Talk at Association of Asian American Studies, Atlanta, Georgia, 2006

        Daniel Bronstein, my website contact mentioned in an earlier post, introduced my book, Southern Fried Rice, to his professor,  Prof. Krystyn Moon.  She encouraged me to present a talk about it at the forthcoming national conference of the Association of Asian American Studies in 2006. This organization is an academic group that includes historians, literary scholars, political scientists, psychologists, and sociologists writing and researching on issues relevant to Asian Americans. Its annual conference was held in Atlanta that year, and they were especially receptive to contributions dealing with Asian Americans in the South.  This opportunity encouraged me to submit a proposal about how chain migration and networking among about 19 male descendants of my great great great grandfather led them to all operate laundries in the American South.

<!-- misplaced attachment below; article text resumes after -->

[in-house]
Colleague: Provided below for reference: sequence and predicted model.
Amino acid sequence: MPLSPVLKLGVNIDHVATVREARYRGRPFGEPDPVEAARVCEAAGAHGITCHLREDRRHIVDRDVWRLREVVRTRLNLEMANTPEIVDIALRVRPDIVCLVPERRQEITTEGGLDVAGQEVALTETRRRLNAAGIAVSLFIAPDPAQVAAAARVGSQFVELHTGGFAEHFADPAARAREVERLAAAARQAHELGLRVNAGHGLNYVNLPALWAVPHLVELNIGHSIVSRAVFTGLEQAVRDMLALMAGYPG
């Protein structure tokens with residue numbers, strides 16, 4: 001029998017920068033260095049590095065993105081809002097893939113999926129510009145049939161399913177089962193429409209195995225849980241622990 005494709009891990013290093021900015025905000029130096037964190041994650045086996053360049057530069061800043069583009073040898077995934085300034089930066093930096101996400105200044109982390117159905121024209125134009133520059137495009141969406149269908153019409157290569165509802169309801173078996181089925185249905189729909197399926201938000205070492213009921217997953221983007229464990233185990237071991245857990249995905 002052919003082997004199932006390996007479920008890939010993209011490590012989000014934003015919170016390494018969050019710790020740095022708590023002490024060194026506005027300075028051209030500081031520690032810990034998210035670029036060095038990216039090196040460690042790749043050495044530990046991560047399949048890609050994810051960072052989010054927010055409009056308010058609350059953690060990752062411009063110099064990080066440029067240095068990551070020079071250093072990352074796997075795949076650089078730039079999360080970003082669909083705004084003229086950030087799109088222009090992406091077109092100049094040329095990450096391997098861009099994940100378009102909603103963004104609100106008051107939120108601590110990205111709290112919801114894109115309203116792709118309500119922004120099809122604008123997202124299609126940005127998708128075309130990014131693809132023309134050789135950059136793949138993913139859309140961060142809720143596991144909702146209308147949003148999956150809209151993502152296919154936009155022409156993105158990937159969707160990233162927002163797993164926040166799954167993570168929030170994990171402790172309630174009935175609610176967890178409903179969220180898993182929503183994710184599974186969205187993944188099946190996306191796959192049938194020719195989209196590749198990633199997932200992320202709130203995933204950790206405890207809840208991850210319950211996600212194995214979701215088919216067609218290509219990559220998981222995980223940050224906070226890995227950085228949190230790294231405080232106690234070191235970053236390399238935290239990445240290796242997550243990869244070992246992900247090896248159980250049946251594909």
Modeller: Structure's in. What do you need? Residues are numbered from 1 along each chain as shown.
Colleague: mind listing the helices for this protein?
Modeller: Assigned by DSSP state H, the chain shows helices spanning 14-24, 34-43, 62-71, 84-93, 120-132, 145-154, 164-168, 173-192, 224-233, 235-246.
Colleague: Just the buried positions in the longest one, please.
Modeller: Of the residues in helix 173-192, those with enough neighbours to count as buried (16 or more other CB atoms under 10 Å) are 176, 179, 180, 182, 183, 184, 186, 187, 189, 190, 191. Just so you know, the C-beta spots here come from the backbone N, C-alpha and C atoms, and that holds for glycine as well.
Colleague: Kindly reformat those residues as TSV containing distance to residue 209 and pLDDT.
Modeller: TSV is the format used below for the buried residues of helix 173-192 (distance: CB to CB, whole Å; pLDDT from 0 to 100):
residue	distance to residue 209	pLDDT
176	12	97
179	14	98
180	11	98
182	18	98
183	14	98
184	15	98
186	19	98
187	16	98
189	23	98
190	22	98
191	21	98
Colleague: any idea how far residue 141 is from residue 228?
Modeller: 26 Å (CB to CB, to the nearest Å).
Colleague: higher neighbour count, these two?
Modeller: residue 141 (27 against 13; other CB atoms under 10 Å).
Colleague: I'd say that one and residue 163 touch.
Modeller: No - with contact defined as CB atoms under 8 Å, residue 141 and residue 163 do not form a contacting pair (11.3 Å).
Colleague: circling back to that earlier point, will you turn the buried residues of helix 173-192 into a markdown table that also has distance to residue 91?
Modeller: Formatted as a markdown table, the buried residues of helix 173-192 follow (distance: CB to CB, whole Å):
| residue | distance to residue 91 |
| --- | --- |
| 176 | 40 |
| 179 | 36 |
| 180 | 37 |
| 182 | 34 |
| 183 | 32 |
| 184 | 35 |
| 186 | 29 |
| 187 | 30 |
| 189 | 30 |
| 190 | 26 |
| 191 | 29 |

One of the other presenters at our session was Daniel Bronstein who spoke on  his PhD research on the history of Chinese in Georgia. We had corresponded frequently over the past year after he discovered our common interests via my website. Without these fortuitous contacts with him and his mentor, I doubt I would have presented at this conference.

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